Submission #341 by Beth El Men's Club - Norfolk, VA (1120)

Submission information
Submitted by hondoman18
Wed, 2013-05-01 11:52
I have read the General Guidelines, "Nuts and Bolts" and Program Advanced Planning (Excel Spreadsheet) Documents
Club Name
Beth El Men's Club - Norfolk, VA (1120)
Ganizah: Ceremony for Burial of Prayer Books and Other Jewish Artifacts
Club Representative
Person completing form
Club President at time of Convention
Club President Now
Hebrew Literacy / Ritual Literacy

Page 1

Genizah ceremony which takes place at a Jewish cemetery when a community or congregation (or even a family) has accumulated a “critical mass” of holy texts and particular ritual objects that can no longer be used. In this particular case, a critical mass is a quantity sufficient to fill a standard burial plot. While there is no casket per se, books and other materials that are to be buried are packed into cardboard boxes or clean pillowcases or even into a shroud before being put into the grave. [Strictly speaking, “genizah” refers to a place set aside in a synagogue to collect holy texts and objects which have become ‘pasul’ or unfit for use. Siddurim, Tanakhim, copies of the Mishnah or Talmud, or a Tikkun qualify for this kind of special treatment. Obvious inclusion goes to a sefer Torah, a Megillah, a mezuzah parchment, and tefillin. Kippot or yarmulkes are definitely not considered holy objects even if yours is very special to you. A genizah ceremony takes place only when needed and at a Jewish cemetery. A grave (or more) is opened and the objects needing burial are carefully placed inside. Once full, the grave is covered just as it would be if a person had just been buried. There are no clearly defined elements or prayers required; those performing the burial create their own ceremony. Following the burial, one would wash one’s hands as usual for having been in a cemetery. A simple marker is placed at the grave though without the unveiling ceremony that is customarily performed for a person.
This program took six months to plan. We gathered up all old prayer books, Old and worn Tallits and Tefillin. I had to search for two graves at a local cemetery and a funeral home to assist with the burial of the items. This had to be coordinated with the superintendent of the Cemeteries to get a permit to have this done. A family donated the graves and a local funeral home donated all of their services. This was in our monthly bulletin as well as our men's club weekly emails. Members of the Sunday School and their families participated and we had newspaper coverage as well as TV coverage. Some of our men climbed down the ladder into the two graves and stacked the boxes of prayer books in rows so we could get all of the boxes in the grave before the tractors dropped the tons of dirt in the grave. The ceremony took about one hour and then we stood by and watched as the tractors filled the graves with dirt and smoothed the dirt over. Then we all left knowing, we had completed a beautiful mitzvah, from beginning to end.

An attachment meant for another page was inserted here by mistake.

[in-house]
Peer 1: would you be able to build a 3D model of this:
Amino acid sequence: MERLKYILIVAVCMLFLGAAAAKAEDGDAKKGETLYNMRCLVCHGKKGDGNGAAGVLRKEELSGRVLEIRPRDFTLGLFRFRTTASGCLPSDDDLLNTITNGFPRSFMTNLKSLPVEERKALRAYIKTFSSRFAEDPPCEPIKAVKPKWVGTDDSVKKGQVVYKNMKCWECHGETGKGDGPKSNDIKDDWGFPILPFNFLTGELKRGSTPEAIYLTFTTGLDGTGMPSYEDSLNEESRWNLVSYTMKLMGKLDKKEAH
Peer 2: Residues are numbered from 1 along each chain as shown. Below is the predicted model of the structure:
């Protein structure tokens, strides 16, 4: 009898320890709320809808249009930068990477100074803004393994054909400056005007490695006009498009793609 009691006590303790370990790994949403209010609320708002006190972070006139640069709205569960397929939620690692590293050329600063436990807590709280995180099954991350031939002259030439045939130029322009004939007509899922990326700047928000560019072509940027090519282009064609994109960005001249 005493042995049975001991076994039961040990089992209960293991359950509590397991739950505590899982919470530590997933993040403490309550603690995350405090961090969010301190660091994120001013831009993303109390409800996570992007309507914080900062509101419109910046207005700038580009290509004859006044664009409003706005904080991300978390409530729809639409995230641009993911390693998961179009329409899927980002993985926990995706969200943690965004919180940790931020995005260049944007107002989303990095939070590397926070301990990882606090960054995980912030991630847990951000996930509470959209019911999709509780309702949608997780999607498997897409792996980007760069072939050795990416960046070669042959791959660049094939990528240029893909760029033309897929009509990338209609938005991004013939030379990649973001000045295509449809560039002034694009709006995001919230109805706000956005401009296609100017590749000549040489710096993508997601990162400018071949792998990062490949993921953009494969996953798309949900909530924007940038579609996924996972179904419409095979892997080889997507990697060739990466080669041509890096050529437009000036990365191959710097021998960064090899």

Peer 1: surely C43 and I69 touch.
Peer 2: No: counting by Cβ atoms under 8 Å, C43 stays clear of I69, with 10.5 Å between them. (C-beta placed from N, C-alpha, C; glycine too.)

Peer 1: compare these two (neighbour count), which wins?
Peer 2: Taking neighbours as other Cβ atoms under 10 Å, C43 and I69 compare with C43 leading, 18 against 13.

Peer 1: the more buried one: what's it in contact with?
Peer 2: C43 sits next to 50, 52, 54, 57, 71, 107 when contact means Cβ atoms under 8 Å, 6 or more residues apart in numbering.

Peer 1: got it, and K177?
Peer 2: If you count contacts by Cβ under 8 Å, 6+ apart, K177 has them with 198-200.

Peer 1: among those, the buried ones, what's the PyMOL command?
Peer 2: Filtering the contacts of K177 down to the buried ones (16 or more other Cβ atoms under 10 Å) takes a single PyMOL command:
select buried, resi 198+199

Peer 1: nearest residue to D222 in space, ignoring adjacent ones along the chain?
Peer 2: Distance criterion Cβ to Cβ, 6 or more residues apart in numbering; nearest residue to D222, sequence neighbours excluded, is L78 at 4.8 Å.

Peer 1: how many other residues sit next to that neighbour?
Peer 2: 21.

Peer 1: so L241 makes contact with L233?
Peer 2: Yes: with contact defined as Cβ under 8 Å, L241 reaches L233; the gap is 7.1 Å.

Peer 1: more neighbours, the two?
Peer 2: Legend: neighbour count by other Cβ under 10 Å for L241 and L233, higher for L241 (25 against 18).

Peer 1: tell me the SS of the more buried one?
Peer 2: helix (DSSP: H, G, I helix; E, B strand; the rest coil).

Page 2

Self Assessment
This was a most moving experience for all who attended especially our Sunday School Students who some had never been to a burial. Our Rabbi explained the difference between this burial of books vs the burial of a loved one. We did Kaddish Rabbahnan but no mourners kaddish and instead of shoveling dirt, the tractors covered the two graves. It was a warm feeling and brought you closer to Hashem. This was the first time a Synagogue has ever done anything like this publicly in 23 years. I feel the parents as well as the children took a way a much closer to feeling to the important objects we use in our every day Jewish life.
This program that we did was based on Hebrew and Ritual Literacy. The burial of sacred books and objects as compared to the burial of a loved one. Most rituals were followed. The differences were in the closing of the grave. Since this was not a person, we allowed the tractors to drop the dirt into the grave; the washing of hands did take place, since we were at cemetery, no meal of consolation and no Mourners Kaddish. We did recite the Kaddish Rabbahnan since our Rabbi spent thirty minutes doing an educational program at the grave for the Sunday School Students. This was mandatory for them to be there since classes were cancelled for this purpose.
This event definitely supported community involvement. This included the members of the men's club, Sunday school staff and parents and kids, clergy, newspaper, city officials, funeral home, cemetery superintendent. The community has a much better feel as to the importance of our prayer books, Tallecim, Teffilins and other important Jewish objects and what they mean to us. I will be forwarding a CD to the Torch Award Chairman via US MAIL. He has been advised. Never won a Gold Award.
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